Psst when you read it again, as I’m sure you will, be on the lookout for extra ghosts and intriguing happenings.

The Marvelous Thing That Came from a Spring by Gilbert Ford 

The illustrations are dynamite, outrageously original and an inspiration to anyone who's an artist, especially mixed media artists. The story is fascinating as well, especially the extra details like how the slinky got its name and where the inventor and his wife kept their slinky profits. Just like the slinky, this book is simply marvelous.

Thursday, June 1, 2017

Most of the fam damnily

Rachel, Robert and I just got back from Tucson, where we had one of the best family vacations ever. Both my brothers, Scott and Rusty (AKA James) live there with their families.  And this trip was extra special because we talked my dad and his girlfriend, Lisa, who live at Lake of the Ozarks, into flying down as well.  Altogether we totaled 11 people and were the biggest, loudest, and happiest group of people in all of Tucson and Oro Valley.  It took three vehicles to get all of us around and you could hear us coming for miles.

I felt like a small piece of something so awesomely giant, so wonderfully reassuring and beautiful my heart could barely contain the feeling. Each day I woke up, threw myself into the crowd of family, and off we went, to storm through the city and its mountains with our laughter.  

It's that sense of belonging right there that glues me to life.  

Before I share pictures I will explain who everyone is.  Robert and Rachel are mine.  Kristin is Scott's girlfriend, and she has a daughter, Autumn, who is almost 4.   This was my first time meeting Kristin and Autumn and they are the bees knees and very lovable gals.  Heather is Rusty's wife and they have a daughter, Harper, who just turned 4. Like I said, lots of people.  Lots of awesome people.

When we arrived, a huge cookout was underway at Scott's, and it was instant chaos.  We spent the next few days hiking, eating amazing food, driving up Mount Lemmon, touring Tucson on bikes, shopping at 4th Ave, and visiting Rusty's work at Davis-Monthan Air Force Base where the A-10 he works on has his name on it.

I have so many pictures from this trip and I really struggled to narrow down my favorites.  

We were having such a good time the first evening that we forgot to take pictures of my dad and his brother, Wayne, who along with his wife, Kate, dropped in for the cookout. Dad and Wayne hadn't seen each other in ten years and Scott, Rusty, and I were so young we only barely remembered them. It was a blast catching up with them.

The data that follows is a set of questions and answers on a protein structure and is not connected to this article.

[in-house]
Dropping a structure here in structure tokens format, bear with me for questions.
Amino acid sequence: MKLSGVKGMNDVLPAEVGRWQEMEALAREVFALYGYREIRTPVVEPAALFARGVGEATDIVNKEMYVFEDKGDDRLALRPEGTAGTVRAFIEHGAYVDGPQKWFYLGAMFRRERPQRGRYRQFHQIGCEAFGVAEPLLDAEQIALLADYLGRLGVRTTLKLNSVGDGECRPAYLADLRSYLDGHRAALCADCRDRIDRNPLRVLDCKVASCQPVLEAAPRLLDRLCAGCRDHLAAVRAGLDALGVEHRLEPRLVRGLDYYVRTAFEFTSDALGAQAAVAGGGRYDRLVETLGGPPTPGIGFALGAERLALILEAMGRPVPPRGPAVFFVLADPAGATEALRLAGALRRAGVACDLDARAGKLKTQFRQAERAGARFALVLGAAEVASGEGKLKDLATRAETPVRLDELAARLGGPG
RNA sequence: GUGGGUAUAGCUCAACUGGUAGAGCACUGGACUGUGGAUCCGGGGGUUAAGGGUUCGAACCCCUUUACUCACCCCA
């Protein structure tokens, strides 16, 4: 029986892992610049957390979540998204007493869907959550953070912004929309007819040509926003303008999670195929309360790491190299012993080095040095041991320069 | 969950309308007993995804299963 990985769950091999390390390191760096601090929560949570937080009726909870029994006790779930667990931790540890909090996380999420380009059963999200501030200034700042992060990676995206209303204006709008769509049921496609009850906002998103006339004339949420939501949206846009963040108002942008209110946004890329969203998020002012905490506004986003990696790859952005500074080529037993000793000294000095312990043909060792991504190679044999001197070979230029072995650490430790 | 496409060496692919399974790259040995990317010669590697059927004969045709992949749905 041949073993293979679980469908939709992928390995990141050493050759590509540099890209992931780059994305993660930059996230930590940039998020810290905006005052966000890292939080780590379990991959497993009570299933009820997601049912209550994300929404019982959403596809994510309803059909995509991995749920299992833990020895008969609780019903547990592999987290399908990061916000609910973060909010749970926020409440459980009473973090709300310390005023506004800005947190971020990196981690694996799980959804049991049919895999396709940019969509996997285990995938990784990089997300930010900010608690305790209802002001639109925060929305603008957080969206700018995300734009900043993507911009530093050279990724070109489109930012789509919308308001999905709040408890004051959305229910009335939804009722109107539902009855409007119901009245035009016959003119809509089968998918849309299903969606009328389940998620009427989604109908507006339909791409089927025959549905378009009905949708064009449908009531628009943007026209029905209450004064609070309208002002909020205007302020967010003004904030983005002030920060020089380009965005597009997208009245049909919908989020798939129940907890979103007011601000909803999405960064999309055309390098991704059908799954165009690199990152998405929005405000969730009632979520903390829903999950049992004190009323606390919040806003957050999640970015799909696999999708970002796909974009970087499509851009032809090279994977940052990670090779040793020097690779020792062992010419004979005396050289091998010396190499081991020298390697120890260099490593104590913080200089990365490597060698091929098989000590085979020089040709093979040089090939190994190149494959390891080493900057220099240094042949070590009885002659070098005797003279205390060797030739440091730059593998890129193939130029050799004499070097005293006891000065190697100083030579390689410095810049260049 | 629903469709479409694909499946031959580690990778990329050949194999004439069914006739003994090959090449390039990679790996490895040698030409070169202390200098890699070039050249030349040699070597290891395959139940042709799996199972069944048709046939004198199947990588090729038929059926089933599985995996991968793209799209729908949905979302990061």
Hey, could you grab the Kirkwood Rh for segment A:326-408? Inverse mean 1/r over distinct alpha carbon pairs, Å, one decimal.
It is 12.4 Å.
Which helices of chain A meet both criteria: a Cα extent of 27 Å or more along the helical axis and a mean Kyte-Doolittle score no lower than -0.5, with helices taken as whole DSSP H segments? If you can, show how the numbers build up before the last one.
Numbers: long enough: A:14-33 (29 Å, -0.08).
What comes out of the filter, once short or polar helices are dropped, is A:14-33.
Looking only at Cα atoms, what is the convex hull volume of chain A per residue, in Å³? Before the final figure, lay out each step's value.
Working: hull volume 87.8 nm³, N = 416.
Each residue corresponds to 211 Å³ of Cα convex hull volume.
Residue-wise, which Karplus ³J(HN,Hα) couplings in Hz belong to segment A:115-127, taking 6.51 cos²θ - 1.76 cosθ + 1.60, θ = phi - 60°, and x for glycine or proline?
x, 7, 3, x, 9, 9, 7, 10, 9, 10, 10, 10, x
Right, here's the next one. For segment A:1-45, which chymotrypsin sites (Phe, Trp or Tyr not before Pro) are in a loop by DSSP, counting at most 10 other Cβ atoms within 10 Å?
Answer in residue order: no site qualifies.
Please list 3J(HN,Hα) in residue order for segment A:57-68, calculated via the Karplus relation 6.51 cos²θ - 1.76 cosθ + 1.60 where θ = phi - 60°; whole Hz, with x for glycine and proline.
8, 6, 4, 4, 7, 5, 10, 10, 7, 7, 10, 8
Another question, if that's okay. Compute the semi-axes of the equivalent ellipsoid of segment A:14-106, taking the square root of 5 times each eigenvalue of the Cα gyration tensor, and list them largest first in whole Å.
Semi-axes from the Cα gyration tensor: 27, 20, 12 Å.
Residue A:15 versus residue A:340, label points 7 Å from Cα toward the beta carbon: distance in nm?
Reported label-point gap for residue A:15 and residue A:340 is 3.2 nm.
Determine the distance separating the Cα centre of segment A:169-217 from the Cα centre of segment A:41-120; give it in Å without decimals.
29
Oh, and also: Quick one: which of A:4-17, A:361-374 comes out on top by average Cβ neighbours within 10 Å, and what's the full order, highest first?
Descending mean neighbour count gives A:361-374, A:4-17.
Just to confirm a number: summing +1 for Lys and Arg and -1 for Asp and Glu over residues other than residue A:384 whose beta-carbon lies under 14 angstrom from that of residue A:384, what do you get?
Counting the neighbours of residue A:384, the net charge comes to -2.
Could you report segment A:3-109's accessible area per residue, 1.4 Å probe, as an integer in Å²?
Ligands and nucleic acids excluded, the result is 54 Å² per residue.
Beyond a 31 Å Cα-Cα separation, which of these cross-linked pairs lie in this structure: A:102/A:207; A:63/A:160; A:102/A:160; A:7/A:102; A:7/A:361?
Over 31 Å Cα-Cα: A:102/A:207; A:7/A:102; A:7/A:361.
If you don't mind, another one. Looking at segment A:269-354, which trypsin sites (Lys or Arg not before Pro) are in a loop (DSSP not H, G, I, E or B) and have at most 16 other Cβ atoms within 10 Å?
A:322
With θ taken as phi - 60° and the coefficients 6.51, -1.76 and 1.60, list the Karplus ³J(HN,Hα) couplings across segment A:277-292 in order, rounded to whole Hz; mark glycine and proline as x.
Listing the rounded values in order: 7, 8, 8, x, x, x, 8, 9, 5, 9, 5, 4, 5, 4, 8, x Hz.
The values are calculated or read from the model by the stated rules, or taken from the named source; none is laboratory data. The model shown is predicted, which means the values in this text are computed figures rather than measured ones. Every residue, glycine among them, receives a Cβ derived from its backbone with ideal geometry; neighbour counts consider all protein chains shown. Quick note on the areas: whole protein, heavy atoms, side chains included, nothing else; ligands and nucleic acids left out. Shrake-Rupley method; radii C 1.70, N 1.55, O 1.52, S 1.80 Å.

Rusty did manage to snap a picture, and though it's missing some people I still love it.

From left: Dad, Wayne, Kate, Kristin's dad and mom, Heather, Robert (behind me), me, Scott, and Rachel.  Floating around in this soup of people somewhere are two dogs and two kiddos but who knows where. 

If you like weird burgers, Lindy's should be on your radar. From left to right: Rachel, Scott, Dad, Lisa, Heather, Harper, Rusty, Robert, and me.  

Rachel, Robert, Scott, Rusty, and I hopped on bikes and went for an evening tour of Tucson. We saw many historical parts of Tucson like the nation's oldest Mexican restaurant and the El Tiradito Wishing Shrine.  We also ate a Sonoran hot dog which had lots of unknown toppings but was really tasty.

Part of the tour was through the famous rattlesnake bridge, which is where the tour guide snapped this picture.

We took a sunny hike at Honeybee Park

And climbed around an old dam

Robert snapped this excellent shot of Autumn, Kristin, and Scott

And towards the end Autumn caught a couple free rides

We had so much good food - my list of favorites include the orange cardamom pastry and cherry rose sencha tea at Prep & Pastry, PB bacon burger at Lindy's, scrambled eggs with bacon and chiles and a cochata (which is 1/2 cold brew coffee, 1/2 horchata) at Seis, picnicking at the top of Mount Lemmon and breakfasts at Scott and Kristin's house.

One morning there was even a Pac-Man tomato egg burrito.

The Pima Air and Space Museum was fascinating. Rusty talked about planes, how all the pieces came together, and how to fix them. Dad, who is a retired junker, talked about scrapping the planes. 

These legs belong to (from left) Robert, Scott, and Rusty

We spent hours exploring Mount Lemmon - hiking, sightseeing, picnicking, and even going up the slow and peaceful ski lift.

It was Memorial Day, and though Rachel and Harper didn't plan on dressing alike, it just magically happened.

This is a little more dangerous than it looks (for Rusty that is, because Heather wasn't pleased). 

And finally, a picture with Scott, Dad, and Rusty